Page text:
The small/tiny house movement has been covered on this very blog, but by and large it remains a tool used in isolation, or at best for in-law cottages, not in community. Ross Chapin’s new book “Pocket Neighborhoods” makes a beautiful case (visually speaking) for the potential of living smaller, lighter, richer lives in community.

      The new documentary “Happy” (directed by Roko Belic of “Ghengis Blues” fame) features cohousing in Denmark in a matter-of-fact way as one of many paths to better living, no chemistry required. Here in the Oakland/Berkeley area, East Bay Housing Organizations (EBHO) is hosting many events for this “Affordable Housing Week” weaving the linkages between green and permanently-affordable intergenerational and senior housing.

      Raines (off to register a domain based on a phrase you used)

  5. Anonymous says:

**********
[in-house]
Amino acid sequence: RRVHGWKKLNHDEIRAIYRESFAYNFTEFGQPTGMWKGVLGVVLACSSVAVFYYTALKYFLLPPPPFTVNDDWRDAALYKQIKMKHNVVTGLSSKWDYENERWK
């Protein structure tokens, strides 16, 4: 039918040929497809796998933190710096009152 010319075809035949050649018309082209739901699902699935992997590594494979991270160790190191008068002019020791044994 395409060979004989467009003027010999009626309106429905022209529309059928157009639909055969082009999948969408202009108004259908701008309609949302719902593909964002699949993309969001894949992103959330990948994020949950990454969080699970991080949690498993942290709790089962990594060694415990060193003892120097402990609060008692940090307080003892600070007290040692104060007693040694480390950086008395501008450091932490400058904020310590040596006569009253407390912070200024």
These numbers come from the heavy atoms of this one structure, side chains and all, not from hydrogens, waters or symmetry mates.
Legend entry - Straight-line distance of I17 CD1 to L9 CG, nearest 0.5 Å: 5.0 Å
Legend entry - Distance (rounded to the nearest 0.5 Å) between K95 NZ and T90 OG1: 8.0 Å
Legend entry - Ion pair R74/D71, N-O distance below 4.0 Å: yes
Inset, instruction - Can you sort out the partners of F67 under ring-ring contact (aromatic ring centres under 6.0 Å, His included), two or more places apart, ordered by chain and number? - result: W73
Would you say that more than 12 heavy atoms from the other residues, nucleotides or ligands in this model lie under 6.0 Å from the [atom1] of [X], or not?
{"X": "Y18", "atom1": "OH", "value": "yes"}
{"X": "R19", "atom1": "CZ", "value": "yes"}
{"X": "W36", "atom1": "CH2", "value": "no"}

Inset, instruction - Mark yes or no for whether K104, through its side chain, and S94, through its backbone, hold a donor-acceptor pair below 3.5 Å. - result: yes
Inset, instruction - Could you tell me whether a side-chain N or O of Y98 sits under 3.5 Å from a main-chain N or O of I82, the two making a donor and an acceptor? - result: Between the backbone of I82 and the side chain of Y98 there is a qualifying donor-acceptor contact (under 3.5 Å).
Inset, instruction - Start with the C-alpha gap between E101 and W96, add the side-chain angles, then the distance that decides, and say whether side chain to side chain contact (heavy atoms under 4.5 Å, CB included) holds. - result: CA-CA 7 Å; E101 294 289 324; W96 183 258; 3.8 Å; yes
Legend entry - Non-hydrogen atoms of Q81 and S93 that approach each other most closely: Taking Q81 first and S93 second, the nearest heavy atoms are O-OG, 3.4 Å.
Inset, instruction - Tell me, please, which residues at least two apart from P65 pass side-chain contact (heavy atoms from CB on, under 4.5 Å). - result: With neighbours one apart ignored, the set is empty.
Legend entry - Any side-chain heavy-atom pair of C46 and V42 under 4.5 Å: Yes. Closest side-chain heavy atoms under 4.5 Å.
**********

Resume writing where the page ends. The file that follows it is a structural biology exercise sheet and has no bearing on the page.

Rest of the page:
unbelievable! Boingboing has managed to be hyper-relevant for me again, even 10(?!) years after I first started reading it. My partner and I just returned from a 3 week visit at DR yesterday and we can verify that it is totally awesome and inspiring and we are doing our best to figure out how to move there ASAP.
    Ziggy’s house is beautiful, it is a shame there isn’t a real photo of it in the interview.
    For people who are really serious about doing something radically awesome towards sustainability and a sane way of life, but don’t have the bucks to hire a developer/contractor/architect or whatever to build something green, this is the most achievable way we have found (we’d be happy to hear of any others)